Pop Culture Gauntlet: Kanye West vs. The Enron Scandal

December 07, 2009 | Comments (0) | by T.R.

Welcome to Pop Culture Gauntlet, where people, places, and things from various subjects face off in a virtual cage match. As part of an ongoing series we will bring you new battles each week between randomly selected items from the Thunder Matt's PCG database. We will provide you with a brief background of both competitors. After reading, you can then vote on your choice in the poll located in the right sidebar column. Monday battles will run until 12am Thursday. Thursday battles will run until 12am Monday. Also we welcome any arguments for either competitor in our comments section. May the best man, thing, or whatever win.

Today's match: Kanye West vs. The Enron Scandal

Kanye West, as all of you know, is a prominent rapper, producer, musician, fashionista, and all-around insufferable douche. West rose to prominence as producer for Roc-A-Fella Records. He achieved notoriety for his work on Jay-Z's album The Blueprint, which was released moments after the Twin Towers were hit by the Iraqis on September 11, 2001. He has since released four solo albums of his own: The College Dropout (2004), Late Registration (2005), Graduation (2007), and 808s & Heartbreak (2008). His album Graduation was originally set to be released on September 18, 2007. However, (supposedly) noting the impending anniversary of our nation's darkest day, West had the release date moved to September 11. He would once again upstage the anniversary of our country's greatest domestic tragedy by being arrested on September 11, 2008 at Los Angeles International Airport following an altercation with a photographer. Though a genuine philanthropist at heart, West has gained most of his media attention due to his uproarious public meltdowns. From the infamous declaration at A Concert for Hurricane Relief that "George Bush doesn't care about black people", to his numerous award show acceptance speech interruptions, Kanye West is the entertainment industry's poster child of a "negative attention-getter".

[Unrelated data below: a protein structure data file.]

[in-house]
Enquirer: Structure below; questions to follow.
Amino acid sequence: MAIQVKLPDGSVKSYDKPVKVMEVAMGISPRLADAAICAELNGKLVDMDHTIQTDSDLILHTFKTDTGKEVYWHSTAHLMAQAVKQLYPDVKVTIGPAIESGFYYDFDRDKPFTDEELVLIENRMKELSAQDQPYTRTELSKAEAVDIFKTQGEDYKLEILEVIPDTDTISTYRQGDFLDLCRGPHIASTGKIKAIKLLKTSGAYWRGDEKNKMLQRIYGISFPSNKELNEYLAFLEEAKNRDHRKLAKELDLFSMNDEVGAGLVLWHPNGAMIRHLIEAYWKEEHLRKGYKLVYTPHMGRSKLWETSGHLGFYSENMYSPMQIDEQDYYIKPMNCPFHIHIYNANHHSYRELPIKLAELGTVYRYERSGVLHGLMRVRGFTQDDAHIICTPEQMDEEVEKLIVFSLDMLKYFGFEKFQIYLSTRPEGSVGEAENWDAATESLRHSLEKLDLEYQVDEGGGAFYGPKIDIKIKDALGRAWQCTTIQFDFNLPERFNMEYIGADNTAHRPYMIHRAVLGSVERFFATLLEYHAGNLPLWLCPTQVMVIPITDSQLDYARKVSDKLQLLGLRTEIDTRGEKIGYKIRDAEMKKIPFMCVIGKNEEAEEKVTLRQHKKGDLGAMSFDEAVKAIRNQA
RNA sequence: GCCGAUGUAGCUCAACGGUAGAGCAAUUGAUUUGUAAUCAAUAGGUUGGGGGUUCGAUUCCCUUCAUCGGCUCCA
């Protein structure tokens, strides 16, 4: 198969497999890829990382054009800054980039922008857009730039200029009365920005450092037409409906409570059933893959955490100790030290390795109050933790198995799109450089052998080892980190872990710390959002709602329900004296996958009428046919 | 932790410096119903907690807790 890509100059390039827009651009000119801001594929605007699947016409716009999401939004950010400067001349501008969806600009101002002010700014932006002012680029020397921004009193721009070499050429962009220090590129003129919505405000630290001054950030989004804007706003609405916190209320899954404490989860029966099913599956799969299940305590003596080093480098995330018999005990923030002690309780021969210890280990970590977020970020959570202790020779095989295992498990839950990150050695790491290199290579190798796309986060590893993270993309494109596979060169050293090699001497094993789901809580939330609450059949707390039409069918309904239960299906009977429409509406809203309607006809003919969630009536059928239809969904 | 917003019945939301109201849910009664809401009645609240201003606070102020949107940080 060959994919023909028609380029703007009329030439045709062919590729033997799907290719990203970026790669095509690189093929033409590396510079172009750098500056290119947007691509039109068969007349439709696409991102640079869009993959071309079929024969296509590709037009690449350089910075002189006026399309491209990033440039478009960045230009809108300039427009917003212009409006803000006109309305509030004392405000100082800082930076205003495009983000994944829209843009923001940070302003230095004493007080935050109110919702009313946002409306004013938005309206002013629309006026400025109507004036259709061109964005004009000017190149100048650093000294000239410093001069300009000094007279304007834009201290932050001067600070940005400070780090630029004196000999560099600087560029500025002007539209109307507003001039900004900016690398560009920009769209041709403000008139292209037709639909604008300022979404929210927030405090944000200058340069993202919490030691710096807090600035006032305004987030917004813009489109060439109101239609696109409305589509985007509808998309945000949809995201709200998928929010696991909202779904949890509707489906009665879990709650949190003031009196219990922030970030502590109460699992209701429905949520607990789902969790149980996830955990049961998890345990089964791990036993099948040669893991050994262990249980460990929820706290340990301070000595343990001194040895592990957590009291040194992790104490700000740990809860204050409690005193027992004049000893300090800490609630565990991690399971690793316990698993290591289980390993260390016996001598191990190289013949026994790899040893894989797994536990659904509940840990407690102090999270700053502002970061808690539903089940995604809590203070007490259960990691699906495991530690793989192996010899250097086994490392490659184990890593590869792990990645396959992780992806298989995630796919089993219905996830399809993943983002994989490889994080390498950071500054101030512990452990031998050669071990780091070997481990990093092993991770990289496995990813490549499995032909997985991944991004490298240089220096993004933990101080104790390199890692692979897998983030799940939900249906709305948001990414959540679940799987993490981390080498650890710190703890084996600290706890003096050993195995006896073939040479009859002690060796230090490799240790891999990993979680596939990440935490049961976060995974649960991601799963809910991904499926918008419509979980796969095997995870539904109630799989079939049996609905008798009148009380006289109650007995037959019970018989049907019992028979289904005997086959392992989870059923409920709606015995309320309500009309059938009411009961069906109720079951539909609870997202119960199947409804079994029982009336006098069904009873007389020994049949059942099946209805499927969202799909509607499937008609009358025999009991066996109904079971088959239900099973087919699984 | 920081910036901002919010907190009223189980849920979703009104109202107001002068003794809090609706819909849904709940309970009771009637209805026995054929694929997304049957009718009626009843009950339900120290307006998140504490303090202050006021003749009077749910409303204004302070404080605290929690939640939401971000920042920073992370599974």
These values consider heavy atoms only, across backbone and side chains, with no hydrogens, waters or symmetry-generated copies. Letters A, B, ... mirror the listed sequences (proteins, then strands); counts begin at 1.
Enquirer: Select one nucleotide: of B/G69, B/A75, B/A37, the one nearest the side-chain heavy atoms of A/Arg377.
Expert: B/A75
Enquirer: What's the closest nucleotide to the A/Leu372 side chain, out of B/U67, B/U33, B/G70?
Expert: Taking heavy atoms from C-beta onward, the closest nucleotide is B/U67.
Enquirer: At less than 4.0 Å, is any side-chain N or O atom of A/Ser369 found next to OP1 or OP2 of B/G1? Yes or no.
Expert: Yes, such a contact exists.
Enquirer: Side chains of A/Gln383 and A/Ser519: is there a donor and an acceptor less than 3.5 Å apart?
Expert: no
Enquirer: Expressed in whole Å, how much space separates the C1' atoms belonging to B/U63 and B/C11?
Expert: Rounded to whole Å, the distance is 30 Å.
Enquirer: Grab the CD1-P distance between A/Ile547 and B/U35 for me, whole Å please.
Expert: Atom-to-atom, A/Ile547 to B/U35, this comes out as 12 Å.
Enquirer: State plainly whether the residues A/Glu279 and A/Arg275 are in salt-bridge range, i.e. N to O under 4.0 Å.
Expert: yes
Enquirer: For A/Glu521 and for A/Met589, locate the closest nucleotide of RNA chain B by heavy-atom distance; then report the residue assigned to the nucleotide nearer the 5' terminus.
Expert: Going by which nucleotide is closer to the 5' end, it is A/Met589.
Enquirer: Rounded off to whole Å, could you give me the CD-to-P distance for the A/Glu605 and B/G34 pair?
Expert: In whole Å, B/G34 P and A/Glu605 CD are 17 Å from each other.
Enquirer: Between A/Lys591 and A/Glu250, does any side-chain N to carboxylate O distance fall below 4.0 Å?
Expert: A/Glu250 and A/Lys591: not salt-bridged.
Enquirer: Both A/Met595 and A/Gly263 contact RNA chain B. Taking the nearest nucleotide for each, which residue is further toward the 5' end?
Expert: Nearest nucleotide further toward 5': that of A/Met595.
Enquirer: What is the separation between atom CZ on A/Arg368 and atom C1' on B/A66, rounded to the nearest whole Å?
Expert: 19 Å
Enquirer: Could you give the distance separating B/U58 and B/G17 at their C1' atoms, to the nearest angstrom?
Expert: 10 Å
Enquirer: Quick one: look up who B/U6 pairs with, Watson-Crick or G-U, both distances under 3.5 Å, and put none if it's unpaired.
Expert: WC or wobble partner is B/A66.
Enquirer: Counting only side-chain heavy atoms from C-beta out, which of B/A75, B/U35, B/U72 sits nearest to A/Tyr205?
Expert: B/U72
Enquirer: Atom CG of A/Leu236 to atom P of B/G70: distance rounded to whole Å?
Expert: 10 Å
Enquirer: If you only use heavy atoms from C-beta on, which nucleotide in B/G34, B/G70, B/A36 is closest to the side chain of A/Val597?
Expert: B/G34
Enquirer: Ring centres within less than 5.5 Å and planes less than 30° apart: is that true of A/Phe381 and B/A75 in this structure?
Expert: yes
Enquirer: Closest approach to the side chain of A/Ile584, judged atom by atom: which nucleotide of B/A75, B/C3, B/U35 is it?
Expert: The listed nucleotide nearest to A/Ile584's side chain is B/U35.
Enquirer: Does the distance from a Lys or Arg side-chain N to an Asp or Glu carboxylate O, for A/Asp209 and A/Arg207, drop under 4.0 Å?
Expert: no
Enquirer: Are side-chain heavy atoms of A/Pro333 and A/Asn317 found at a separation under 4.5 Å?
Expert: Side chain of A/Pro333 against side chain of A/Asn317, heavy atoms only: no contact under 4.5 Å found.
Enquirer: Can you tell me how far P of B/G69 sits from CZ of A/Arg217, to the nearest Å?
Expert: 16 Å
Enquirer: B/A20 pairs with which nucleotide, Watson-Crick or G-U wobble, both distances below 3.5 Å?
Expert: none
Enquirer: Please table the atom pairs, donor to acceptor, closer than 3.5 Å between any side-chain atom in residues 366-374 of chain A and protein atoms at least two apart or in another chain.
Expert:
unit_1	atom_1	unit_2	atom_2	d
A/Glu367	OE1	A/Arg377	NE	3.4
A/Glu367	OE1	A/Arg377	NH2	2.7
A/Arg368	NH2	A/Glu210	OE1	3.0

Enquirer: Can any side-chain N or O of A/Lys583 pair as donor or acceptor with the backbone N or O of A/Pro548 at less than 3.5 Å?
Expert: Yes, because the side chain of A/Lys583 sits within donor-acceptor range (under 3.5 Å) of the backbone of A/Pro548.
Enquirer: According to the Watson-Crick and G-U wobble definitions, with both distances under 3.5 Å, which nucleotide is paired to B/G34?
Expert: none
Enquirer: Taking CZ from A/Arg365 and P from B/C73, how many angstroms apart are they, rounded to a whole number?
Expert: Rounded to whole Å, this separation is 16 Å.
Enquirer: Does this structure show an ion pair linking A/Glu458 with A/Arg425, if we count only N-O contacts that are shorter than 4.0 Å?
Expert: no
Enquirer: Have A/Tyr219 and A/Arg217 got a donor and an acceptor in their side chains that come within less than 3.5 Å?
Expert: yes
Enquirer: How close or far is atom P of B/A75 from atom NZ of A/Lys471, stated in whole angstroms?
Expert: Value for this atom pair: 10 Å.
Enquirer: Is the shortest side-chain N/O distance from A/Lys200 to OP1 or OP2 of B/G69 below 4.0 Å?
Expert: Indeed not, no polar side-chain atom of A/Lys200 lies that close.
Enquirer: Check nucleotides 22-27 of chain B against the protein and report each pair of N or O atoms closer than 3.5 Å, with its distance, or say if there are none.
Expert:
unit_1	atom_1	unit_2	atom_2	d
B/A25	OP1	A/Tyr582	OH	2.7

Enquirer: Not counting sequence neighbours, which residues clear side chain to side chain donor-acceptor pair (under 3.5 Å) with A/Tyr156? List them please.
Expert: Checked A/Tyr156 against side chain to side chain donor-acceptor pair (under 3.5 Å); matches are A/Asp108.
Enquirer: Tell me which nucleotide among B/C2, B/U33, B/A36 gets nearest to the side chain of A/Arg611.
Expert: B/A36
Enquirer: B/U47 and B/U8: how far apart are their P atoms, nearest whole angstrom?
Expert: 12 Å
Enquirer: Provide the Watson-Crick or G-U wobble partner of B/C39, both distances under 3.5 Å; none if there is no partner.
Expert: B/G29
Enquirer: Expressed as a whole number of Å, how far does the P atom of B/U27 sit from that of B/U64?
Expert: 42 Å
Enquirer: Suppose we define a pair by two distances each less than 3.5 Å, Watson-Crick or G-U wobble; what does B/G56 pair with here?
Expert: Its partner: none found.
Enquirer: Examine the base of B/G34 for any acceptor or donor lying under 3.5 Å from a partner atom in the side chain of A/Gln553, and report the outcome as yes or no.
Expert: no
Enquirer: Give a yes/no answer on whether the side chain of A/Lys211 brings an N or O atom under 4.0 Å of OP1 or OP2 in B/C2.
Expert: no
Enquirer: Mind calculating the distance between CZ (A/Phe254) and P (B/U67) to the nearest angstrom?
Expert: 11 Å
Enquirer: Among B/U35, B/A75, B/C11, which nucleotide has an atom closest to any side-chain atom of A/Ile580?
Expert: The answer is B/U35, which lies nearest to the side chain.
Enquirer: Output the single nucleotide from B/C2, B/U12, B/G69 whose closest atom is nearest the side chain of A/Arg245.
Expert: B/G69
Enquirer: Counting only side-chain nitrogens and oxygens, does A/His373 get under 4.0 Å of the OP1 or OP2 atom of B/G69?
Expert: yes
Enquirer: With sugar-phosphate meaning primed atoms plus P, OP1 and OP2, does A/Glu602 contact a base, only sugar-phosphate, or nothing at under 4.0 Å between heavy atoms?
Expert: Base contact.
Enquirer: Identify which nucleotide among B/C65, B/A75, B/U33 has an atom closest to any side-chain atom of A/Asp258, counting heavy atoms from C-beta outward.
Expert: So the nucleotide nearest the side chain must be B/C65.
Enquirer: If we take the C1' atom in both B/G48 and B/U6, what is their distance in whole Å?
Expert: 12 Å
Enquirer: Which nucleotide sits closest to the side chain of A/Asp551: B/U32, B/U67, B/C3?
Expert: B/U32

Strengths: understands how to make himself the center of attention; musically inclined; charity work

Weaknesses: acts like a petulant child in public; believes he is God's gift; tendency to speak without thinking first

Fun Fact: Kanye's mother, Donda West, died in 2007 from complications following plastic surgery.

Enron was a Houston-based energy company founded by Kenneth Lay in 1985. The rise and fall of Enron is perhaps the most notable example of free market FAIL in U.S. history. Chief executives of Enron (including former CFO Andrew Fastow, former President, CEO and COO Jeffrey Skilling, and former Chairman and CEO Lay) used creative accounting practices to hide billions of dollars in debt, effectively pulling the proverbial wool over the eyes of Wall Street throughout the 1990s. Their particular brand of corporate malfeasance allowed Enron to portray itself as a genuine American success story, with a diversified portfolio that pushed it's stock price to $90 per share in mid-2000. Unfortunately for their employees and shareholders, the wheels jumped off the track in August of 2001. Skilling stepped down as CEO (after selling off 450,000 shares for a $33 million profit) as pressure mounted for Enron to open it's books. When the World Trade Center and Pentagon were attacked on September 11, 2001, Enron executives pointed and said "look over there!" as they grabbed their briefcases and ran in the opposite direction to the tune of "Yakety Sax". Ultimately, shareholders lost $74 billion leading up to Enron's collapse. Over 20,000 former employees, some of which lost hundreds of thousands of dollars in shares, won a paltry $3,100 for their troubles in a subsequent lawsuit.

Strengths: ability to work the system; generous executive compensation; woke America up to corporate greed

Weaknesses: chief executives are all currently in jail or dead; families destroyed; lost naming rights to the Astros ballpark

Fun Fact: Enron's original name was Enteron, which roughly translated to "intestines" in Greek. The name was thus changed.